Essar plans Esmark deal
Indian steelmaker Essar Steel said yesterday it planned to acquire US steel company Esmark, valuing the deal at US$1.1 billion, as it pushes ahead with an aggressive North American expansion drive. With the planned buy, Essar will have nearly 7 million tonnes of steelmaking capacity in the US and Canada, it said in a release. ??his is one more step in realizing our global steel vision of having world-class, low-cost assets, with a global footprint,??Essar Global chairman Shashi Ruia said in the statement. Essar said it was offering US$17 per share for West Virginia-based Esmark Inc.
Q1 sales rise 3.8%
Global semiconductor sales rose 3.8 percent in the first quarter to US$63.4 billion from a year earlier as consumers bought more electronic devices, the Semiconductor Industry Association said in a statement yesterday. Sales dropped 5.1 percent in the first quarter from US$66.8 billion in the fourth, ??eflecting a normal seasonal decline,??the San Jose, California-based industry group said. ??ales were buoyed by growing consumer purchases of electronic products in world markets, more than offsetting the effects of a slowing US economy,??George Scalise, president of the group, said in the statement.
Production value doubles
The total production value of companies rose by 47.8 percent to NT$24.19 trillion (US$794.6 billion) in 2006 compared with 2001, but the growth of the average annual wage slowed to 7.1 percent over the same period, the Directorate General of Budget, Accounting and Statistics (DGBAS) said on Wednesday. The official assessment of the manufacturing and service sectors, held once every five years, compared the statistics for 2006 with the figures for 2001. ??espite the exodus of local manufacturers in the past decade, data shows a revival of Taiwan?? industry productivity, especially in manufacturing where production value increased from 2001 by 60 percent to NT$15.55 trillion in 2007,??said Huang Jiann-jong (暺?遣銝?, deputy director of the Bureau of Census.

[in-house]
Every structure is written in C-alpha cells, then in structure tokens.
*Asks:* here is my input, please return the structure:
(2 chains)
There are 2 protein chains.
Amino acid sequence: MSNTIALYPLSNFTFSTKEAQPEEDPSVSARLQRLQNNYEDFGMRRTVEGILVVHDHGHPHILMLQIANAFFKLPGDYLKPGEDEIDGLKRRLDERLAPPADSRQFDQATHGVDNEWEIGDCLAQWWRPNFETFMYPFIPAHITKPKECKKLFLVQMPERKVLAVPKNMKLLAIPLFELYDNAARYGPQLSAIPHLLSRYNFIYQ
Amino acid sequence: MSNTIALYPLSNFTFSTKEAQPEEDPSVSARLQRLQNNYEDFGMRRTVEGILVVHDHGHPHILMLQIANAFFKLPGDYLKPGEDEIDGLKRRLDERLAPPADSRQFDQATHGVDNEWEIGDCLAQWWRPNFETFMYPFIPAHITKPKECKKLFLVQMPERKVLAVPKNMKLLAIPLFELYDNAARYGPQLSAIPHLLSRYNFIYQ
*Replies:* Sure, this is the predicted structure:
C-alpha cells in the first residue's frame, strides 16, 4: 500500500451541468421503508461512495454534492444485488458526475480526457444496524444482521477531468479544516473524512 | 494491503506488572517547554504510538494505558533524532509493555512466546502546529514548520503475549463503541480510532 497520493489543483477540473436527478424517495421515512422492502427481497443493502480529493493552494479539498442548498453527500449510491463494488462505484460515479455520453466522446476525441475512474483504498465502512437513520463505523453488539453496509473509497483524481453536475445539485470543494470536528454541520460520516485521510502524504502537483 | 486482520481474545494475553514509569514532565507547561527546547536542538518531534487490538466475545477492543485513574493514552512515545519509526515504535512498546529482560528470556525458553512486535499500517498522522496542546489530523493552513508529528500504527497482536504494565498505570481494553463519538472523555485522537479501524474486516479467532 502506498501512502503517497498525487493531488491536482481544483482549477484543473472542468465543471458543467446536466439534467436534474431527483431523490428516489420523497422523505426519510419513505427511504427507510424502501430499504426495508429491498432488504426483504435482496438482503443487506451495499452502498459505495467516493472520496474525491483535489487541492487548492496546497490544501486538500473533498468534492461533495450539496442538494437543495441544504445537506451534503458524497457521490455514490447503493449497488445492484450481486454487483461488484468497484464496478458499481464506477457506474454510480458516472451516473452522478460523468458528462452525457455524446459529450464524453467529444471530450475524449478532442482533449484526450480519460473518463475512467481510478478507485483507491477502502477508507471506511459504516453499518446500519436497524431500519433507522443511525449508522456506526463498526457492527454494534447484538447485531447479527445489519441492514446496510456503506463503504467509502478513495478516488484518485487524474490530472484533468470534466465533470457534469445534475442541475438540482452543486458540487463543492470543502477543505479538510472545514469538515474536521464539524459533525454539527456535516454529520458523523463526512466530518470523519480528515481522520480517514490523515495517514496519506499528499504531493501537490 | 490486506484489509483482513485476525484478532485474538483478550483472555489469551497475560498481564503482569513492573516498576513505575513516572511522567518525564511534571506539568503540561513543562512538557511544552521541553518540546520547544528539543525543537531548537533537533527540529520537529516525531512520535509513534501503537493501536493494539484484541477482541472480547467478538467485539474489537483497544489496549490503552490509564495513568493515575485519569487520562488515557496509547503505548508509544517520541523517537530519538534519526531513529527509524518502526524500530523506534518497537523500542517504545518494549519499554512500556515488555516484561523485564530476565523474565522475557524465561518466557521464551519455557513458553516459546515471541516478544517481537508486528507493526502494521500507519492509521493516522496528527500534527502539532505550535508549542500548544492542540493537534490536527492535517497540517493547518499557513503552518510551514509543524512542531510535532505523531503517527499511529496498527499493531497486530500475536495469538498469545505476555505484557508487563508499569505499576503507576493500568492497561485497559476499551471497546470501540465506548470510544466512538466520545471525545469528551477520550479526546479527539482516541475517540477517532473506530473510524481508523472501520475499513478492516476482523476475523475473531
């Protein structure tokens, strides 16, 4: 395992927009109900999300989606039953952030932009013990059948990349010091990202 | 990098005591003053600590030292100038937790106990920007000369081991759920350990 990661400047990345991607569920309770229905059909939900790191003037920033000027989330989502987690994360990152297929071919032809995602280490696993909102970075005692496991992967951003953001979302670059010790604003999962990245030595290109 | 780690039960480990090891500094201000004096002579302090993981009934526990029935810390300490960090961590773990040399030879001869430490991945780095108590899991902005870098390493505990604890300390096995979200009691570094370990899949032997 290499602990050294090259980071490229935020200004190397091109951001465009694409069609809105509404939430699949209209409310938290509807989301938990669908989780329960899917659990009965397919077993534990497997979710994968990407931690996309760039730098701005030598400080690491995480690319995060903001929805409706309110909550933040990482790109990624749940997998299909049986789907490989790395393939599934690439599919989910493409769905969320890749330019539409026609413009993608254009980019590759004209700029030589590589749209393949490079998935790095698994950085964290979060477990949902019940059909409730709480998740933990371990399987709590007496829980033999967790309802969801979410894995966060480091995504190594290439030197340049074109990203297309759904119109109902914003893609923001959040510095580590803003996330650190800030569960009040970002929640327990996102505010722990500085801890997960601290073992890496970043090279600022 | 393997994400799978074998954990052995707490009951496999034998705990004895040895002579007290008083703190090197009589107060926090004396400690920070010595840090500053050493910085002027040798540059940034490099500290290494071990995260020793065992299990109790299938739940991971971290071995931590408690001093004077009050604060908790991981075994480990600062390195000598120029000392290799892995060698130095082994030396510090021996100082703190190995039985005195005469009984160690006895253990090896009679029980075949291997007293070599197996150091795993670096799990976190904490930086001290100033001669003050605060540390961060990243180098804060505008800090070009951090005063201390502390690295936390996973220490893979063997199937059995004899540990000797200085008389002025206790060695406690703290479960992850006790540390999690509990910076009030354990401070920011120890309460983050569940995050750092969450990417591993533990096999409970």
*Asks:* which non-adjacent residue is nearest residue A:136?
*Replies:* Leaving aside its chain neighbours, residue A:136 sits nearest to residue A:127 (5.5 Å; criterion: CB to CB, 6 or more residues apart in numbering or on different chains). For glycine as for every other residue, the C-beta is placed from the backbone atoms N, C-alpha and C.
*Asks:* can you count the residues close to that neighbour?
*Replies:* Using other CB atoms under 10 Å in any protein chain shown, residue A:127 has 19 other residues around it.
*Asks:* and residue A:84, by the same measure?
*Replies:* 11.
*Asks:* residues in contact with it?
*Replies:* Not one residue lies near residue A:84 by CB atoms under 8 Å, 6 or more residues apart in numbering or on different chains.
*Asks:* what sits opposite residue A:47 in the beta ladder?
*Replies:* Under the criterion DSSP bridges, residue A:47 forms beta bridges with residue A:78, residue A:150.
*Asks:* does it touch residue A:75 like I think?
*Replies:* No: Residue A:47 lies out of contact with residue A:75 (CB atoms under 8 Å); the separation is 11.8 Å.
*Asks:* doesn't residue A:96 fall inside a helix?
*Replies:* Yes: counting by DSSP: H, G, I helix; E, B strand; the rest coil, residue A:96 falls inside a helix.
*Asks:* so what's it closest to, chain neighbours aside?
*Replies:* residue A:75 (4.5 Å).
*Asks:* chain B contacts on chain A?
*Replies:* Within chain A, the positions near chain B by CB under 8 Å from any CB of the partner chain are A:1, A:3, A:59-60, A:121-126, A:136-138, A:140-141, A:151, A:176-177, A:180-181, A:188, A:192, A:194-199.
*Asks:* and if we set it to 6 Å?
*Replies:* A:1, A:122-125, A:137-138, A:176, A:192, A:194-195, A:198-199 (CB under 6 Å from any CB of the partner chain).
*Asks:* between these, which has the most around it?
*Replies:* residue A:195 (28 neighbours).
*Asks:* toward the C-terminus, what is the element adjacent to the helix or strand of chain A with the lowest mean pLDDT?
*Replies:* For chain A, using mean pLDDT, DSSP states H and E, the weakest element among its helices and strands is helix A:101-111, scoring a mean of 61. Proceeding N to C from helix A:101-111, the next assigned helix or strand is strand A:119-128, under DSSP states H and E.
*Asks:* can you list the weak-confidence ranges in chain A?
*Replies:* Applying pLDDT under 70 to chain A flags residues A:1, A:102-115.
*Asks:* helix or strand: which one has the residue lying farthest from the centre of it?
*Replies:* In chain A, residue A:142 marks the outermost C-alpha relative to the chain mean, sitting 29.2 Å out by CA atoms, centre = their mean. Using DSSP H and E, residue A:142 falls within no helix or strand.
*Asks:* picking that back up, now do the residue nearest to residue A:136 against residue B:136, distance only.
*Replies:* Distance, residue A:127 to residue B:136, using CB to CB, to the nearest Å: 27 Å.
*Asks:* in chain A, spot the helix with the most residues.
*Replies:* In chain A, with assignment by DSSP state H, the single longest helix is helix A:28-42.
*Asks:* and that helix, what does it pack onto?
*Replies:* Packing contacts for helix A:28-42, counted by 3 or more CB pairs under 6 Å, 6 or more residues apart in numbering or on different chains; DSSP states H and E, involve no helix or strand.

Economic fallout limited
The scale of losses and the economic fallout from the global credit crunch may not be as bad as feared and subprime losses could end up costing less than half market forecasts, the Bank of England said yesterday. The bank is still concerned about the consequences of the credit crisis but Deputy Governor John Gieve said conditions could stabilize soon. Current market estimates of subprime mortgage losses amount to nearly US$400 billion and the IMF has said the wider cost to the financial sector could rise to US$1 trillion. ??ll of them are potentially significant overestimates of the losses within the wider economy associated with the financial market crisis,??the BoE said in its twice-yearly Financial Stability Report, estimating actual losses could be closer to US$170 billion.
Rate cut forecast
The Federal Reserve may cut interest rates to 1 percent as US housing foreclosures worsen, said Mark Mobius, who oversees US$47 billion in emerging-market equities at Templeton Asset Management Ltd. Mobius told Bloomberg Television yesterday that the dollar?? slide, down more than 7 percent against the euro and the yen this year, is likely to slow because its ??ompletely bombed out ??I was looking at 1 percent a few months back. I still adhere to that.??Agencies